Introduction

Enzo Server
  Installation
  Quick Start

  Core Features
    Async Calls
    ConnectionStrings
    Edge Cache
    HTTP Access
    Scheduling
    Views

  Advanced Capabilities
    Change Data Capture

  Administration
    Configuration Settings
    Logins & ACL
    Auditing
    Current Executions
    Linked Server
    SSL

  Adapters
    Azure Bus
    Azure IoT Hub
    Azure Key Vault
    Azure Storage
    Couchbase
    CSV
    DB (RDBMS)
    Files
    Flight Aware
    FTP
    Geonames
    Insteon
    Loggly
    Messaging (SMS/SMTP)
    MongoDB
    Motus
    MSAD
    MSMQ
    Pipeline
    Pressero
    RabbitMQ
    SalesForce
    Shard
    SharePoint
    SQL Server
    Threading
    Twilio
    Twitter
    VellemanDMX
    Weather (Underground)
    Whiparound
    WMI
    Xls (Excel)
    ZIP


  SDK
    Overview
    Installation
    DevHost
    Create A Simple Adapter
    Handler Columns

    Advanced SDK Concepts
      Handler Decorators
      Dynamic Columns
      Table & Table Enumerators
      Virtual Tables

/sdk/handlercolumns




Handler Columns


A handler contains two sets of columns: input and output. Input columns are also called arguments.

Defining columns improperly may prevent your handler from being used from REST calls or from Linked Server connections (and as a result from SQL Server directly)


Guidelines

You should name your columns using the following guidelines:

  • Column names should not be a known HTTP Header (avoid these column names: connection, keep-alive, authorization, age, warning...)
  • Input and output columns should be identical to participate in Linked Server operations using SELECT, DELETE, INSERT and UPDATE operations; if you are only using the EXEC operation, input and output columns can be different.
  • Column names should be unique within a handler
  • Certain column names will be automatically shown with password characters (*): password, pwd, key, authtoken, authenticationtoken, accesstokensecret, apikey, secret
  • The connectionString input column name will be treated as a Central Connection String, and a dropdown will display in the Enzo Manager application to select from a list of connection strings


Generally speaking you specify the data type of a column by using a C# syntax. If no data type is provided, the column is assumed to be a string data type.

In this version the XML, date, and time data types are not supported; you can however use a string and datetime data type instead respectivelly.

Each column is defined at a minimum by its name. Additional options are available by adding a '|' character. Up to three pipes can be added to add a description, a default value and additional options for the column:

datatype colName|description|default|options

The description can be anything that doesn't contain a '|' character.
The default is optional, but if provided should match the data type specified for the column.
The options are a set of characters with specific a meaning; they are only used by input arguments. For example 'r' means required.

  • r: column is required
  • s: column is sensitive data and should only be displayed to Enzo Administrators (useful for Configuration Settings)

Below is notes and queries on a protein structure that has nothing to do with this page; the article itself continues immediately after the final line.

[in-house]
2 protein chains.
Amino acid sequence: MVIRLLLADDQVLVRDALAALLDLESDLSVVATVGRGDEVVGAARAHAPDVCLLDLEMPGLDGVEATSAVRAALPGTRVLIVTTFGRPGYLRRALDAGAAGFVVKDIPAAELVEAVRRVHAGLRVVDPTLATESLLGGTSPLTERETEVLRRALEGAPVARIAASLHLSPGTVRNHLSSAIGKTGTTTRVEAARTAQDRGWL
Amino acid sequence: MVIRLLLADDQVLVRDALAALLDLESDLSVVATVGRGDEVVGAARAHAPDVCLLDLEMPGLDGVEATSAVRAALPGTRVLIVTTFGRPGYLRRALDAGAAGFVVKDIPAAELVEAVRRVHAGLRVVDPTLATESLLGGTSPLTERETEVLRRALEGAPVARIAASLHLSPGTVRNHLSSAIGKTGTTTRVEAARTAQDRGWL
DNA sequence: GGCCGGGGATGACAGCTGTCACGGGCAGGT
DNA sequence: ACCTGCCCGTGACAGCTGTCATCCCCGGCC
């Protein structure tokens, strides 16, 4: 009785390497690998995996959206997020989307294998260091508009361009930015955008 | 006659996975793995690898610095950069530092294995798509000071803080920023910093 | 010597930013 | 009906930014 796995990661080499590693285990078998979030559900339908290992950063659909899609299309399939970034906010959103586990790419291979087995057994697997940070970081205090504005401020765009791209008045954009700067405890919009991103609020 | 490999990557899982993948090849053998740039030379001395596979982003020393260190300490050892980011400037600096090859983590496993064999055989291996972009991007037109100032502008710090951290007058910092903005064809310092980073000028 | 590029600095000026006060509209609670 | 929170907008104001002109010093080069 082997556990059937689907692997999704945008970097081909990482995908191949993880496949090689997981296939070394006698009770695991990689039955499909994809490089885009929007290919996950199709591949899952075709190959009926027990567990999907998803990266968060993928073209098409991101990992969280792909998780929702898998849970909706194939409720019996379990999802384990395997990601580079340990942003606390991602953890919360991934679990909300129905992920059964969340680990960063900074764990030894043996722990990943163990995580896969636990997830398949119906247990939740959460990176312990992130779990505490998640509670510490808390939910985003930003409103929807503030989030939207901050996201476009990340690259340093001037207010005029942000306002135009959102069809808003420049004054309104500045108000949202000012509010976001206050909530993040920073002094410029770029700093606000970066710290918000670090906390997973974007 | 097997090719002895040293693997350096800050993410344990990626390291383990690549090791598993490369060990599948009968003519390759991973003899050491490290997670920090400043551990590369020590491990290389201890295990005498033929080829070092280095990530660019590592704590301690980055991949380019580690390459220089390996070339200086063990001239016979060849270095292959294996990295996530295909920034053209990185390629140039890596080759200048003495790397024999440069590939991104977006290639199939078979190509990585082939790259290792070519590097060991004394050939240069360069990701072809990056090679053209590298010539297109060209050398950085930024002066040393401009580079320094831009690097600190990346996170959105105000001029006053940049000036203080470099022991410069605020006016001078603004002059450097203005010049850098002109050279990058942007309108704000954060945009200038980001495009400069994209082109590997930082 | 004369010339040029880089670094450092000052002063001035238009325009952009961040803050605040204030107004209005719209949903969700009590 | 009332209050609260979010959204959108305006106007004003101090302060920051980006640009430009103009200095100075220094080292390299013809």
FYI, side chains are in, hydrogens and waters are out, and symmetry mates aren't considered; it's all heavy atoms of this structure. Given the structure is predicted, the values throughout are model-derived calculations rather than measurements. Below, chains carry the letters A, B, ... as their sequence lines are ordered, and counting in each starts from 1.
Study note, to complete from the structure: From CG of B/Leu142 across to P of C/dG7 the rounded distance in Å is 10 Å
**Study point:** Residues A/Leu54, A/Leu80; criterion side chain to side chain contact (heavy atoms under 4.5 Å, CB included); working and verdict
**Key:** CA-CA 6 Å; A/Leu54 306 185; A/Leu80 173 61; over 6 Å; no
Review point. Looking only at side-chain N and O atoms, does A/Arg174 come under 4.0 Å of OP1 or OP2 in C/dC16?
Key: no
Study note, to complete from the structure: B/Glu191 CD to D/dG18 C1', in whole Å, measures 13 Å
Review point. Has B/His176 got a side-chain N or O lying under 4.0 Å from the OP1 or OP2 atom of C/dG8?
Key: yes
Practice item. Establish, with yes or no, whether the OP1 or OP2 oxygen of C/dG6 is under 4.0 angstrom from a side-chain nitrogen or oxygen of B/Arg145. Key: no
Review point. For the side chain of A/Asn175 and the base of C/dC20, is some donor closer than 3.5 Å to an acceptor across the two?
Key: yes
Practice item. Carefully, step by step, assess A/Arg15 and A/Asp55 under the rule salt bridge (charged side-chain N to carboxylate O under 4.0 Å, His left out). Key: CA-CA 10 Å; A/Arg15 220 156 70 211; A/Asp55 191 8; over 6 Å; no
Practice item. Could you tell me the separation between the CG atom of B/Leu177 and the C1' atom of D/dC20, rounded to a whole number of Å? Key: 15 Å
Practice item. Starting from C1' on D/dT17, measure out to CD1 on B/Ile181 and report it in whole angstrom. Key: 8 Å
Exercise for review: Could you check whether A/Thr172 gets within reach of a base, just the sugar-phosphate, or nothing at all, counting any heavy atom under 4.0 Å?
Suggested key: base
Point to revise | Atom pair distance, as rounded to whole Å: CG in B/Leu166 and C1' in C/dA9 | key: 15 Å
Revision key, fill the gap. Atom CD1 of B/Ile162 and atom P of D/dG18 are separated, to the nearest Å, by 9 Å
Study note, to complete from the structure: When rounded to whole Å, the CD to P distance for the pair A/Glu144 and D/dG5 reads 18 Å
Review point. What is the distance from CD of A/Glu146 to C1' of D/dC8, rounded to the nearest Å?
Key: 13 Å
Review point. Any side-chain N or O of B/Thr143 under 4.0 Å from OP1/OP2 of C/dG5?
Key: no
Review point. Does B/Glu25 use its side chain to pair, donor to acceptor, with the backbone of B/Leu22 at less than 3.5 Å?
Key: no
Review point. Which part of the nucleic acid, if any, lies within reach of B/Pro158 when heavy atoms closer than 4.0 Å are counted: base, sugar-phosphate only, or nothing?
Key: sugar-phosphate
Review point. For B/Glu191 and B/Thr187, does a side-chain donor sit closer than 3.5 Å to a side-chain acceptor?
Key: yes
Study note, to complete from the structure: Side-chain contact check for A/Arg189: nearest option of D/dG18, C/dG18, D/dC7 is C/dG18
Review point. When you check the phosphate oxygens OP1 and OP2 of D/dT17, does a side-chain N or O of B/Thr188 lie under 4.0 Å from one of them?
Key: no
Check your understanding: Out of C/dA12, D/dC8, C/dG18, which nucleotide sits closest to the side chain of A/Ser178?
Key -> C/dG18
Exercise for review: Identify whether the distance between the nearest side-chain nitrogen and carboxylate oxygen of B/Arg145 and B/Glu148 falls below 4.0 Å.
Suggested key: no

• t: column represents a Top N argument
  • u: argument is automatically extracted as part of a REST call (ex: .../handler/1)
  • x: column supports extended operators (ex: supports LIKE operation)
  • z: column is an argument that should not be counted as a column (useful for Linked Server compliance)
  • @: column holds a subTable name (see the Handler Decorators section)
  • {choice:A,B}: column requires a specific value from the list provided
  • {length:val[:scale]}: column expects a specific length value and optionally a scale


Example

This handler defines a Stored Procedure / REST endpoint called ListPipelines, also accessible using the Pipelines table name. The config and the sourceTable parameters are required. The mode parameter is optional but has a default value (CDC). The enabled parameter is defined a boolean data type.

RegisterHandler("ListPipelines,Pipelines",
    HandlerOptions.Select | HandlerOptions.HttpGET,
    "Gets list of pipelines.",
    new[] { @"exec Pipeline.ListPipelines" },
    ListPipelines,
    new[] { "name|The name of the pipeline (starts with)" },
    new[] { 
        "name|The name of the pipeline",
		"identifier|The internal unique id for this pipeline",
        "owner|The owner of the pipeline",
        "bool enabled|true when the pipeline is enabled",
        "datetime createdOn|The date the pipeline was created",
        "adapter|The name of the source adapter",
        "config|The configuration name of the source adapter||r", 
        "sourceTable|The source table to read from||r",    
        "interval|The polling interval to the source system as a cron expression",  
        "mode|The pipeline mode (CDC,Sync,CDCSync)|CDC",
        "filter|Adapter-specific filter if required (ex: Twitter)",
        "columnList|List of columns available from the source system",
        "IDs|The Primary Key of the source system (if any)"

    }
    );

The above handler is accessible using the following SQL commands, assuming the name of the adapter is MyAdapter:

EXEC MyAdapter.ListPipelines 'pipelinename'

or

SELECT * FROM MyAdapter.Pipelines WHERE name = 'pipelinename'
SELECT * FROM MyAdapter.Pipelines WHERE name = 'pipelinename' AND mode='CDC'


The handler is also accessible using a REST command (note: an authentication token is needed for a successful call):

HTTP GET 127.0.0.1/bsc/myadapter/getpipelines?name=pipelinename